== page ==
The planet, as we know it, was covered by glaciers thousands of years ago. Plummeting temperatures cause water levels to recede, freezing and causing the formation of ice layers that covered much of the northern hemisphere. With the ice age ending, temperatures rose once again to see the oceans restored to their liquid state and land masses get free of ice. But this process allowed freshwater to be trapped under the oceans, in isolated pockets. Or so was believed when the discovery was made in the ‘70s while drilling for oil. It turned out that this just might be the world’s largest freshwater source.
Scientists have been towing electromagnetic sensors across sections of the oceans. That was done over ten days between New Jersey and Massachusetts. The researchers have been able to map the area holding freshwater. This was done by measuring the different ways electromagnetic waves moved through fresh and saltwater.
It was discovered that the underground freshwater reserves are a minimum of 50 miles in length from the US shore on the Atlantic. These hold considerable amounts of low salinity water, reaching levels twice the size of Lake Ontario. These deposits start at 183 meters below the floor of the ocean and can be detected for hundreds of miles to at least equal the largest terrestrial freshwater sources.
Scientists spotted the world’s largest freshwater pocket under oceans
Chloe Gustafson, lead author on the study comments: “We knew there was freshwater down there in isolated places, but we did not know the extent or geometry. It could turn out to be an important resource in other parts of the world.”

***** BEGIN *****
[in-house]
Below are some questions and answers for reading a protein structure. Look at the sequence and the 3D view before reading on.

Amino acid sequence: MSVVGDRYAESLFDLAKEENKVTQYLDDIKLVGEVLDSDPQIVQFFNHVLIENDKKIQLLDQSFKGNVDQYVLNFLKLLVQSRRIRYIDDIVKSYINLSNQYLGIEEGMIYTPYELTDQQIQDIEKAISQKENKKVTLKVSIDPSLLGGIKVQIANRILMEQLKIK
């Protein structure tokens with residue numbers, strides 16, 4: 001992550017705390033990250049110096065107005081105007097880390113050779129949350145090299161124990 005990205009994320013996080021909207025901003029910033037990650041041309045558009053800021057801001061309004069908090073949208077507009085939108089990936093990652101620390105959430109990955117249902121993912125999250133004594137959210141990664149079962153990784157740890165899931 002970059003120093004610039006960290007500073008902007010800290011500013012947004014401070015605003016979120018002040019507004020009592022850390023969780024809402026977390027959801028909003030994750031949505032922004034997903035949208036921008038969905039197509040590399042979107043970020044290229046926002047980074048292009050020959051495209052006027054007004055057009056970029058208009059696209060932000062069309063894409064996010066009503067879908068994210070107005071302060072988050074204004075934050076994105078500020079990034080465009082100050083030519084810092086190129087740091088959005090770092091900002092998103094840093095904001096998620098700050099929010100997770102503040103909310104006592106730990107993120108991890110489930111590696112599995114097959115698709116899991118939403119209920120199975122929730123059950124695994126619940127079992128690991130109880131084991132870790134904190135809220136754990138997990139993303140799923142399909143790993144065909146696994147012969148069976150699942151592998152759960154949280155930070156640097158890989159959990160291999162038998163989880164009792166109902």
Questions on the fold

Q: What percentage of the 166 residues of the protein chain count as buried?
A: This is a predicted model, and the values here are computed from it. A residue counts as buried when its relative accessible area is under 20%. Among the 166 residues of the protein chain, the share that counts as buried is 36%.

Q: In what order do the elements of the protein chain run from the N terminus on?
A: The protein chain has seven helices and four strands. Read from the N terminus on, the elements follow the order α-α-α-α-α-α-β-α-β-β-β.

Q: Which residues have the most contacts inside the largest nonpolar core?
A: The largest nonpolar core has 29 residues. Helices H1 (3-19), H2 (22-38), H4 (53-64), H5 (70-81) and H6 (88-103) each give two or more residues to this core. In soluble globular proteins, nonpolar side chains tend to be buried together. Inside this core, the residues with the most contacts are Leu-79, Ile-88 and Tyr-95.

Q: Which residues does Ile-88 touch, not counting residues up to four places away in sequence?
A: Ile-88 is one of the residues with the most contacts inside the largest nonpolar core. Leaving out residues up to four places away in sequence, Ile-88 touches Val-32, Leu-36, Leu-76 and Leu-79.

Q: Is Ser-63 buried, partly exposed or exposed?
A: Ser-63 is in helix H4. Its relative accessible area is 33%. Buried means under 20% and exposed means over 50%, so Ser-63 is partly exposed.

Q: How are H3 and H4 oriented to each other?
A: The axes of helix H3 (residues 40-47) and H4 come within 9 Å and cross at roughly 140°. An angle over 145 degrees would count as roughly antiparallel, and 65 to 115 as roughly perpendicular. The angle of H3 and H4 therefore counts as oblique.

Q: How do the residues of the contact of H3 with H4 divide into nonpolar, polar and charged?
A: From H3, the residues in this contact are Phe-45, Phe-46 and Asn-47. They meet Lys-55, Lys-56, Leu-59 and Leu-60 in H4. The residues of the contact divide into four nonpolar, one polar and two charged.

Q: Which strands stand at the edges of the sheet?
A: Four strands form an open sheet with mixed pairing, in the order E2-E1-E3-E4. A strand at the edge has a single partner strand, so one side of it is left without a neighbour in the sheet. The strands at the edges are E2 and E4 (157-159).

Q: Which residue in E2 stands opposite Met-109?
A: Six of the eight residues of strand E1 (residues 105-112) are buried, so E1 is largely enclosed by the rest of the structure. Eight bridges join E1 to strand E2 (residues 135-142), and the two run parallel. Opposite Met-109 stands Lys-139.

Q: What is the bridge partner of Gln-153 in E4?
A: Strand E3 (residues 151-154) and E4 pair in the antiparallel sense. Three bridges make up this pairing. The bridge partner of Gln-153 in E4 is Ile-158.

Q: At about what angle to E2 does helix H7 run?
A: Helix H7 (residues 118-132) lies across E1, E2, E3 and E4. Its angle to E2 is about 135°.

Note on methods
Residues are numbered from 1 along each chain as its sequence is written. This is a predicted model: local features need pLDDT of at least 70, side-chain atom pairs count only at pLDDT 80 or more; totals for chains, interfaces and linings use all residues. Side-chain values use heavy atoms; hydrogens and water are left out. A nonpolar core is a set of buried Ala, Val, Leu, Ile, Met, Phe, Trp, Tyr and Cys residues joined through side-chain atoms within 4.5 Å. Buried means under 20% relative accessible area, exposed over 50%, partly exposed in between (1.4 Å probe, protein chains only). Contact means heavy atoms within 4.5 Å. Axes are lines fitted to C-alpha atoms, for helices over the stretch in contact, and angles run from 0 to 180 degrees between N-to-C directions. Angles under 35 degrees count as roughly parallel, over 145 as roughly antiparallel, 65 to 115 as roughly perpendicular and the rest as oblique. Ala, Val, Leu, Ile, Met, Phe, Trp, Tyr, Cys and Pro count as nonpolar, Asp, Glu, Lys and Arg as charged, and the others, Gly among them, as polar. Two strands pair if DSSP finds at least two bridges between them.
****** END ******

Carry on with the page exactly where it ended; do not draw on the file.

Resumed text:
It is believed that the size of the deposit is evidence of it being fed by terrestrial sources as well that may be hiding under land masses that have similar characteristics. These freshwater deposits under oceans do not hold 100 percent freshwater. The research shows that they are comprised of salt water at less that one part per thousand.
Uniformity cannot be seen here as the part that is closest to land is quite close to being pure, and the parts on the outer edges have about half the ocean’s salinity. However, such a source could be made very useful by use of desalination plants that could convert it.
Rex Austinwas born and raised in Thunder Bay Ontario on the shores of Lake Superior. Apart from running his own podcast (Ice Fishing And Other “Cool” Things), he spends his time canoeing and backpacking in Northern Ontario.. As a journalist Rex has published stories for Global News (Thunder Bay) we well as Buzz Feed and Joystiq. As a contributor to Great Lakes Ledger, Rex most covers science and health stories. Contact Rexhere